Intended for healthcare professionals

Rapid response to:


The antibiotic course has had its day

BMJ 2017; 358 doi: (Published 26 July 2017) Cite this as: BMJ 2017;358:j3418

Rapid Response:

Re: The antibiotic course has had its day

In this “Analysis”, Llewelyn et al argue that clinicians put patients at unnecessary risk when prescribing standard duration of antibiotics, advising them to defect from international “complete the course” recommendations.1

I would, however, argue that these authors’ rational is based on vague assumptions and that robust evidence on the causality of the spread of antibacterial drug resistance in the community is needed before making such claim.

First, the authors state that antibiotic use replaces commensal flora of the gut or skin with “resistant species and strains ready to cause infection in the future” 1 However, their argument is based on a study that only observed selection of non-ESKAPE resistant bacteria such as coagulase-negative staphylococci and oral nongroupable streptococci.2 In addition, ESKAPE organisms including Pseudomonas spp or Staphylococcus aureus were not isolated, outright refuting the authors main claim.1

Second, although most antibiotics (85%) prescribed are issued in primary care, for many of these drugs (e.g. amoxicillin used for respiratory tract or ear infections) no safe narrow-spectrum alternatives exist.3 Also, drug resistance to broad-spectrum antibiotics (e.g. piperacillin/tazobactam or carbapenems) amongst ESKAPE organisms has largely emerged from over-prescribing in hospital settings rather than primary care where these drugs are not available.4

Third, the authors also ignore other important forms of selection pressure on bacteria such as farming and the food industry, easy over-the-counter access to antibiotics overseas, and patients borrowing drugs from friends or family for minor illnesses.

Fourth, the authors also claim that drug resistant bacteria are “transmitted between asymptomatic carriers rather than people with disease”. Again, the paper cited to back up their argument describes a within-hospital outbreak of carbapenem-resistant Enterobacter spp with little or no evidence for import from or spread to the local community.5 Therefore, claiming a simple link between fixed-course antibiotic regimens and the spread of drug resistance in the population, combined with advice that patients shorten the duration of their treatment, is speculative at its best and dangerous at its worst. Therefore, before making such a claim the authors should provide rigorous analysis of epidemiologic and phylogenetic data (as has been done for HIV, malaria, and TB) to back up their argument.6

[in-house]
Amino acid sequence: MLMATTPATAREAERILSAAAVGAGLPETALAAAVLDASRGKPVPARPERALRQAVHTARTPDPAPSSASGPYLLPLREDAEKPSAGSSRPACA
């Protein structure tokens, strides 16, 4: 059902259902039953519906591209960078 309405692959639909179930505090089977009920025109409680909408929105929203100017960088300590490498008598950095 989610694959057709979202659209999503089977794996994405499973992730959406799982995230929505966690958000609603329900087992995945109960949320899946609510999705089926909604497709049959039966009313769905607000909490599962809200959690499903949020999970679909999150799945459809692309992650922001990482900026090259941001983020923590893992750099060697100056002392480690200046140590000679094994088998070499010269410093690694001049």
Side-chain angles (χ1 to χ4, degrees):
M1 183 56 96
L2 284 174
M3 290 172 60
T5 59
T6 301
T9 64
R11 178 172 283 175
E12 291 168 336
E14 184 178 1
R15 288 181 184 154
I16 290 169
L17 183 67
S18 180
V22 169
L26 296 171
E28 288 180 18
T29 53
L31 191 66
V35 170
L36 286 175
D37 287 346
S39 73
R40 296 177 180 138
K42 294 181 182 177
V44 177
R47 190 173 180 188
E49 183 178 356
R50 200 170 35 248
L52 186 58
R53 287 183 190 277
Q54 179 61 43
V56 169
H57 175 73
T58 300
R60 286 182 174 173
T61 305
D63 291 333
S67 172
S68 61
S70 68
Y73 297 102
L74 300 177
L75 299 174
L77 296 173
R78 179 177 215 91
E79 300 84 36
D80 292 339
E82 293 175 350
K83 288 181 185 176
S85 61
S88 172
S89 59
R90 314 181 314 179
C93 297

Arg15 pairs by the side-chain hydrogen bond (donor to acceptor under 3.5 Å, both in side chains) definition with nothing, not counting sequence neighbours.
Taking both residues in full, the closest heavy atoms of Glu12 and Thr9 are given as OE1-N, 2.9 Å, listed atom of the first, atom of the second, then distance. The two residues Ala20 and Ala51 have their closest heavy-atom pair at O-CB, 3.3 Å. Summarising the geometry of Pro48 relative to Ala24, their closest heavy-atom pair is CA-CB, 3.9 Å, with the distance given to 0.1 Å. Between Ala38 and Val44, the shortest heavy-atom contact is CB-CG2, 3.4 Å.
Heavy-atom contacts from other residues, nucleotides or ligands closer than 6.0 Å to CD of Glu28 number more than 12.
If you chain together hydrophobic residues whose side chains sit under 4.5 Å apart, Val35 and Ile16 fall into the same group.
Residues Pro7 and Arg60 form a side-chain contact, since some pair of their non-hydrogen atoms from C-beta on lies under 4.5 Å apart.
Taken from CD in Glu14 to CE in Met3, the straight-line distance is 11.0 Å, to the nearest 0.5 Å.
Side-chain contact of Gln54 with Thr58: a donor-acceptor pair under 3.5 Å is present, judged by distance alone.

As a primary care clinician, I would be very happy to prescribe shorter treatments if clear evidence for doing so was available from systematic reviews or randomised controlled trials. Until proven otherwise, however, I will not change my prescribing behaviour and continue to provide the “complete the course” standard of care to my patients for the sake of their safety and for medico-legal reasons.

1. Llewelyn MJ, Fitzpatrick JM, Darwin E, et al. The antibiotic course has had its day. Bmj 2017;358:j3418. doi: 10.1136/bmj.j3418 [published Online First: 2017/07/28]
2. Cremieux AC, Muller-Serieys C, Panhard X, et al. Emergence of resistance in normal human aerobic commensal flora during telithromycin and amoxicillin-clavulanic acid treatments. Antimicrobial agents and chemotherapy 2003;47(6):2030-5. [published Online First: 2003/05/23]
3. Schneider-Lindner V, Quach C, Hanley JA, et al. Secular trends of antibacterial prescribing in UK paediatric primary care. The Journal of antimicrobial chemotherapy 2011;66(2):424-33. doi: 10.1093/jac/dkq452 [published Online First: 2010/12/22]
4. Lob SH, Hackel MA, Kazmierczak KM, et al. In Vitro Activity of Imipenem-Relebactam against Gram-Negative ESKAPE Pathogens Isolated by Clinical Laboratories in the United States in 2015 (Results from the SMART Global Surveillance Program). Antimicrobial agents and chemotherapy 2017;61(6) doi: 10.1128/aac.02209-16 [published Online First: 2017/03/23]
5. Sheppard AE, Stoesser N, Wilson DJ, et al. Nested Russian Doll-Like Genetic Mobility Drives Rapid Dissemination of the Carbapenem Resistance Gene blaKPC. Antimicrobial agents and chemotherapy 2016;60(6):3767-78. doi: 10.1128/aac.00464-16 [published Online First: 2016/04/14]
6. Wilson BA, Garud NR, Feder AF, et al. The population genetics of drug resistance evolution in natural populations of viral, bacterial and eukaryotic pathogens. Molecular ecology 2016;25(1):42-66. doi: 10.1111/mec.13474 [published Online First: 2015/11/19]

Competing interests: No competing interests

04 August 2017
Werner Leber
NIHR CLAHRC Clinical Lecturer in Primary Care
Centre for Primary Care and Public Health, Blizard Institute, Queen Mary University of London